Canadian 'Conservatives' Offer Carbon Tax
The CBC has gotten their hands on a copy of the Conservative Party of Canada's all new Climate Change plan, and boy are they excited:
After years of criticizing the Liberal carbon tax, the Conservative party is proposing a climate plan that also puts a price on carbon for consumers.... Under [Erin] O'Toole's plan... Canadians would pay a carbon levy, initially amounting to $20 per tonne of greenhouse gas emissions, every time they buy hydro-carbon based fuels, such as gas.... The Conservative party's carbon price... would increase over time to reach a maximum of $50 per tonne.
For comparison, Trudeau's carbon tax structure (not counting the Clean Fuel Standard, a second carbon tax in all but name) has the tax increasing $10 each year until it reaches $170 per ton in 2030.
The other notable provision of the plan is, frankly, bizarre. In the Liberal scheme, Canadians can have their carbon tax expenditures (the direct ones, not the indirect, cost of living ones) rebated back to them at tax time (more or less -- what would be the point if some of that money wasn't skimmed off the top?). In O'Toole's plan, tax revenue would be diverted directly into a "personal low carbon savings account" established for every Canadian, which could be accessed for expenditures "that help them live a greener life."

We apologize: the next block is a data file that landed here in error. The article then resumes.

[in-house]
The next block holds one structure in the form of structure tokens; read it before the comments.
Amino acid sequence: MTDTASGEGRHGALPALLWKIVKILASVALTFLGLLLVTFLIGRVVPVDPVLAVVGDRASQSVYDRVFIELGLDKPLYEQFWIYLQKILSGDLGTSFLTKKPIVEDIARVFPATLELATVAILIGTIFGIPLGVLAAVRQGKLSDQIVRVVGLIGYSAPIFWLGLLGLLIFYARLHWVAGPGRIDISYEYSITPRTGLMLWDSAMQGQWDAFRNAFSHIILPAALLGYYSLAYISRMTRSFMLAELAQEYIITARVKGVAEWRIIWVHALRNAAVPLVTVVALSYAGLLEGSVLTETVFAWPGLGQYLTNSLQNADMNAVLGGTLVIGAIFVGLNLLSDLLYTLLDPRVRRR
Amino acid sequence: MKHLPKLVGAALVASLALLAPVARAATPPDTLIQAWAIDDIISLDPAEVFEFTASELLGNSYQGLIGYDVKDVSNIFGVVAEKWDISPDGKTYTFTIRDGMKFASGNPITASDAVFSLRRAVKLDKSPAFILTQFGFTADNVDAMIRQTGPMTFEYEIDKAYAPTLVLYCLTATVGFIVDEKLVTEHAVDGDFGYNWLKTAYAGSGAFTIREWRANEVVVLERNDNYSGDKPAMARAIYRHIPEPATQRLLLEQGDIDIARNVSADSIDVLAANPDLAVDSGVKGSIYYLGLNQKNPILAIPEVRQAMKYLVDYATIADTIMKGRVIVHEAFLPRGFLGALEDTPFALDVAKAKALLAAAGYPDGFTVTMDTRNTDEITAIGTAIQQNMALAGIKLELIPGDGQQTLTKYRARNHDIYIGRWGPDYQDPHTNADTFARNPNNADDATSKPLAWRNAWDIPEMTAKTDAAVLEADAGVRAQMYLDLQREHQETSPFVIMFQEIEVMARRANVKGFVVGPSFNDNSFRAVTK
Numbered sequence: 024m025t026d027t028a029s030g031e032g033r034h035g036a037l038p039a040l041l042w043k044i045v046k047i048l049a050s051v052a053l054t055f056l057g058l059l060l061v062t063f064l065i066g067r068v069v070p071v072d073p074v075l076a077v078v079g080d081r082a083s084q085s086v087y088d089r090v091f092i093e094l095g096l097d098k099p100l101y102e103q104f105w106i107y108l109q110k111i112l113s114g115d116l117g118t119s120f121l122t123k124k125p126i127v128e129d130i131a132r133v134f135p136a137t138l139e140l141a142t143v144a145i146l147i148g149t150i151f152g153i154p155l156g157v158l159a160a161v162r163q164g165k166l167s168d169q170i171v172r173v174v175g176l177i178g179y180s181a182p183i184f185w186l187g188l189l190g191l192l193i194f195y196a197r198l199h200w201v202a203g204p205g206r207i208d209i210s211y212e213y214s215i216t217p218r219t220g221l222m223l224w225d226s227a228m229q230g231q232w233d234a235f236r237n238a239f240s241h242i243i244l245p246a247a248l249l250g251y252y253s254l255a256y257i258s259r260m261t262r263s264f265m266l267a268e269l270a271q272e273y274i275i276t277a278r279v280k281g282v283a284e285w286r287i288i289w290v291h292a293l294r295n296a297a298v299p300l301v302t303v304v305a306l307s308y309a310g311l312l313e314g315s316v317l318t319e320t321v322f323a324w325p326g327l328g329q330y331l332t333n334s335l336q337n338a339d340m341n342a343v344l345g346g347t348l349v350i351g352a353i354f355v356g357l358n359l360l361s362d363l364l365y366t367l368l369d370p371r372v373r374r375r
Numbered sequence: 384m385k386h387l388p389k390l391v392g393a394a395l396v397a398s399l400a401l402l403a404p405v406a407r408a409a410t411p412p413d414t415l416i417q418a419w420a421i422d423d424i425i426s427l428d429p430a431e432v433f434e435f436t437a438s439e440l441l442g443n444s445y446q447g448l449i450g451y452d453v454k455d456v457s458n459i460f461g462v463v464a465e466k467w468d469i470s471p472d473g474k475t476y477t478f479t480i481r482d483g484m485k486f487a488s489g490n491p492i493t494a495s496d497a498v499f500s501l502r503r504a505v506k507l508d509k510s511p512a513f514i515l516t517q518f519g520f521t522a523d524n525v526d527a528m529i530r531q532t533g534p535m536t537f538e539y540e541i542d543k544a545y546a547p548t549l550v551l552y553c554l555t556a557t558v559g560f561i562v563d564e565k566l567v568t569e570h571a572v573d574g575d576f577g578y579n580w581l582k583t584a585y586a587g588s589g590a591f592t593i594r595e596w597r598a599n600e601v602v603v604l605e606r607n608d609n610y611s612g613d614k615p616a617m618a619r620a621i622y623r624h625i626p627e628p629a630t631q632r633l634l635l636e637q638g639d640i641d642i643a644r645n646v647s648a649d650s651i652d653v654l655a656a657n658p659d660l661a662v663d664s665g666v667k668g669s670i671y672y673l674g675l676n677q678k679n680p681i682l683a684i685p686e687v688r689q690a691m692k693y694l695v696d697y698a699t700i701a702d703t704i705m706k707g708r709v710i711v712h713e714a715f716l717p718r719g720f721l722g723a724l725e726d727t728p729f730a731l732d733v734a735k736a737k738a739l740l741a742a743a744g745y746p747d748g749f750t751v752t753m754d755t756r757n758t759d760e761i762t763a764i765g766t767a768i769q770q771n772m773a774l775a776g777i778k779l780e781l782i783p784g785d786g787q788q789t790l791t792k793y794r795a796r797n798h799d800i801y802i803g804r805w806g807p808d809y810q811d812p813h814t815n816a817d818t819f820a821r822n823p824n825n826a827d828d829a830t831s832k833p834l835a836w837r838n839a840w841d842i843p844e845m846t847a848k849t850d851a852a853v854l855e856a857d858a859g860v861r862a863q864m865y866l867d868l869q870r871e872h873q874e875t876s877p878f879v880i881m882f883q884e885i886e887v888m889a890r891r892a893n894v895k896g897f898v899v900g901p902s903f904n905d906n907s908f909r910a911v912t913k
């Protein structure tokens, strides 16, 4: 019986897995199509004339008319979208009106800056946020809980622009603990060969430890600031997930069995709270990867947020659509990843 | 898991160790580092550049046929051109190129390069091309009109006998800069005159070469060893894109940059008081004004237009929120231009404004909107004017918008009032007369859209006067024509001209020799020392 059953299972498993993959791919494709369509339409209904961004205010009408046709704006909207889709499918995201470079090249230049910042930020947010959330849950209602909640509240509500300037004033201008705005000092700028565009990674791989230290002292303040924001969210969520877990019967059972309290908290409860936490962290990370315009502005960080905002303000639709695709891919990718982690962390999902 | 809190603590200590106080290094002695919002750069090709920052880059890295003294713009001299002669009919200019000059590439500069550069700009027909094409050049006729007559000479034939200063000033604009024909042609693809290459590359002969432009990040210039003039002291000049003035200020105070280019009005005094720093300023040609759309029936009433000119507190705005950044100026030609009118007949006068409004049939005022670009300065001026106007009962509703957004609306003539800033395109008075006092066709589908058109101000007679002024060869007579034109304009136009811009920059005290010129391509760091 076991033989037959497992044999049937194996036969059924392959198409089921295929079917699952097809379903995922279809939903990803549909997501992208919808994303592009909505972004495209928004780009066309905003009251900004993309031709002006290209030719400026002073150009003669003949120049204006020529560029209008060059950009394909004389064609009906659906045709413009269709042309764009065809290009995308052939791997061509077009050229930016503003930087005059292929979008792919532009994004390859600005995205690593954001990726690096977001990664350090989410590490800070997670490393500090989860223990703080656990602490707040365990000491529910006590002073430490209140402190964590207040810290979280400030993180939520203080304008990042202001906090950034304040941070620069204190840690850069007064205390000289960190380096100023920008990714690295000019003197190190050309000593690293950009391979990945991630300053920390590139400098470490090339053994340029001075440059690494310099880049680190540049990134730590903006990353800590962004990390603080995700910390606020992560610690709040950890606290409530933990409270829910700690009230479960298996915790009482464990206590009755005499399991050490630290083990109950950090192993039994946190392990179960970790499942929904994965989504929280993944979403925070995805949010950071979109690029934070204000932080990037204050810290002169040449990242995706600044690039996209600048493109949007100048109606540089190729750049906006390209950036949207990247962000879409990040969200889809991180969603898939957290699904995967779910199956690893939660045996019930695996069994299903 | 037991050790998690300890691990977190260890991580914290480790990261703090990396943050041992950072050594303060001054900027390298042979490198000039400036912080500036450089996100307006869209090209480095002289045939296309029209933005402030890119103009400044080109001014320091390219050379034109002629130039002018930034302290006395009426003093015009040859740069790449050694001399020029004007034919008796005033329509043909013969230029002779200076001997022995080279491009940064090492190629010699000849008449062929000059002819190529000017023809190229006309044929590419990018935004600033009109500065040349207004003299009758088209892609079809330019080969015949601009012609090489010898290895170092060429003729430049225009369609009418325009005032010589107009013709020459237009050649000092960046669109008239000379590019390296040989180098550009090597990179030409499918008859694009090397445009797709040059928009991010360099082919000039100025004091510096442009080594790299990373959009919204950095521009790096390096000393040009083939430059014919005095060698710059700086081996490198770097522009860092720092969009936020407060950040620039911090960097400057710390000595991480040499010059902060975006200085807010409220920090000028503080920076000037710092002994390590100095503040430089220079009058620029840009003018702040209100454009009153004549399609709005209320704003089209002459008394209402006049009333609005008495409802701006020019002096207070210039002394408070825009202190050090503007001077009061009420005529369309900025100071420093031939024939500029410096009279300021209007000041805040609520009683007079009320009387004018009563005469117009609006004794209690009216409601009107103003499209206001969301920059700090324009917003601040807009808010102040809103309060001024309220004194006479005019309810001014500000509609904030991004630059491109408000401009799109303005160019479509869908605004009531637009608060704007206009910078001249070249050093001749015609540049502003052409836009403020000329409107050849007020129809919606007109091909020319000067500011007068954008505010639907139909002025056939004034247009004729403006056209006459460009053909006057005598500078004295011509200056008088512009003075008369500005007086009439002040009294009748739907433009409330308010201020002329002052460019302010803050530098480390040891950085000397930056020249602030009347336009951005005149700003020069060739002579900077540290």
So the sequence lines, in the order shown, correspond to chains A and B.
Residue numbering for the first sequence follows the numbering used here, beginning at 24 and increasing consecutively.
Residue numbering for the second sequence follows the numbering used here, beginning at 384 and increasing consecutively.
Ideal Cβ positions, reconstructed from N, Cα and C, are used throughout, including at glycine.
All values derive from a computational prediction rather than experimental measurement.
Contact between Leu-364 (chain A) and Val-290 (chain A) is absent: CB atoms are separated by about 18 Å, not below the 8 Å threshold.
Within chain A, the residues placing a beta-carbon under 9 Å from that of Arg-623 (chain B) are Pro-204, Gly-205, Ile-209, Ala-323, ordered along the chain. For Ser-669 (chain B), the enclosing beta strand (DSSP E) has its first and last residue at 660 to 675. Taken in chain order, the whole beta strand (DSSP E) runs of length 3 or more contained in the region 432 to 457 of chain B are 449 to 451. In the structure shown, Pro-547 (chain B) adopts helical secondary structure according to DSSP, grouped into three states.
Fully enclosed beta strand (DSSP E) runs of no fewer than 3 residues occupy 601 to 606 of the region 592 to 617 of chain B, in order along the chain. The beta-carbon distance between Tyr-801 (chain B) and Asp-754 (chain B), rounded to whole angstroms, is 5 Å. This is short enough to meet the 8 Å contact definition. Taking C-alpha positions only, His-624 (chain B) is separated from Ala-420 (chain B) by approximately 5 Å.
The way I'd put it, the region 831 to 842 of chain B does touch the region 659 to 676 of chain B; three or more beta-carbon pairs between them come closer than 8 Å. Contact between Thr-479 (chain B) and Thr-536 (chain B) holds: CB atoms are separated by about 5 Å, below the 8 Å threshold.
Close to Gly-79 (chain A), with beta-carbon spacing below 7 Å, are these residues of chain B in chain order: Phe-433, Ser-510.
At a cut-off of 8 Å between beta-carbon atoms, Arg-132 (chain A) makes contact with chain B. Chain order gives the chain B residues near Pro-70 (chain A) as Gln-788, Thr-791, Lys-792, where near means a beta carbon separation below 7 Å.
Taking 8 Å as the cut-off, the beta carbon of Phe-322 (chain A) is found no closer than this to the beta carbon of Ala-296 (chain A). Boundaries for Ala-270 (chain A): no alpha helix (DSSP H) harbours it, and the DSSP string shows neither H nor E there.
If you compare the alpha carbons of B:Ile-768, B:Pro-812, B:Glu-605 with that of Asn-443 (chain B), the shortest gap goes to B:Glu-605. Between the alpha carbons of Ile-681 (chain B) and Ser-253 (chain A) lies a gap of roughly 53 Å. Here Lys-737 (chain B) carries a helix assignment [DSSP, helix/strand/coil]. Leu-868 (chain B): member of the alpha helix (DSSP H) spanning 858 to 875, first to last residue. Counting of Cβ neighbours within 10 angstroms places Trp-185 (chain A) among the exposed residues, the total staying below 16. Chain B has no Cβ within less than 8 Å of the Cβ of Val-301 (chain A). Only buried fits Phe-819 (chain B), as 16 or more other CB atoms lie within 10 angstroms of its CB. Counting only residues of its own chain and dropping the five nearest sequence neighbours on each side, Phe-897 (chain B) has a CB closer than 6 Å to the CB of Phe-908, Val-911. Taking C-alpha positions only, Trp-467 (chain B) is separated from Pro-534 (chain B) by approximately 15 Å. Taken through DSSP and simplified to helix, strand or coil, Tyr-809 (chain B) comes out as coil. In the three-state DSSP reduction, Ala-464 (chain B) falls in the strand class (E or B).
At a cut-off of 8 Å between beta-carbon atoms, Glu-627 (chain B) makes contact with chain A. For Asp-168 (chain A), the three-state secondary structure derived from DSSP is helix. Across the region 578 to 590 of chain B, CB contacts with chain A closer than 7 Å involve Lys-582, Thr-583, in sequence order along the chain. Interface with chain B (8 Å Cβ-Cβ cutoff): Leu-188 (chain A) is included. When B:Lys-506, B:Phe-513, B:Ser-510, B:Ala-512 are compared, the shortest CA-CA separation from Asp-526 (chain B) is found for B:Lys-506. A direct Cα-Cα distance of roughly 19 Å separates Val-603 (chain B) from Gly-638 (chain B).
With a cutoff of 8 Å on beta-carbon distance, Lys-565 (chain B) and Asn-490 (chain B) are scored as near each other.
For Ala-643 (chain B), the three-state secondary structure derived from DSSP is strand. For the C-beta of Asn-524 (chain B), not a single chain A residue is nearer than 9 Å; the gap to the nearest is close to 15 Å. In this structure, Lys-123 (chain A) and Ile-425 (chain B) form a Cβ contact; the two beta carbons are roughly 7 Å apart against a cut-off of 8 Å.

This reminds me of the old joke that a camel is a horse designed by a committee. "Personal low carbon savings accounts" are a camel if ever I saw one, and they'd be a nightmare to administer.
But that aside, is the 'Carbon Tax, but cheaper' play a wise one for O'Toole's Conservatives? Some smart politicos think so. Here, for instance, is Matt Gurney arguing that Canadians want to feel like their government is addressing climate change, but don't really want it to affect their lives in any way. In that case, a cheaper carbon tax might do the trick -- assuaging the consciences of enough voters in the eastern half of the country to make Erin O'Toole prime minister.
But I find Dan McTeague more convincing. By McTeague's reckoning, the O'Toole plan wouldn't merely cost the CPC a few points of support out west, it would decrease their support in Ontario -- the big fish -- by as much as 10 percent! After all, Ontario made Doug Ford premier just three years ago on the strength of his opposition to the carbon tax. For every voter in the Greater Toronto Area who might give the CPC a second thought based on this plan, two or three more in the rest of the province might just stay home, disgusted.
That's just another way of saying 'Trudeau Majority."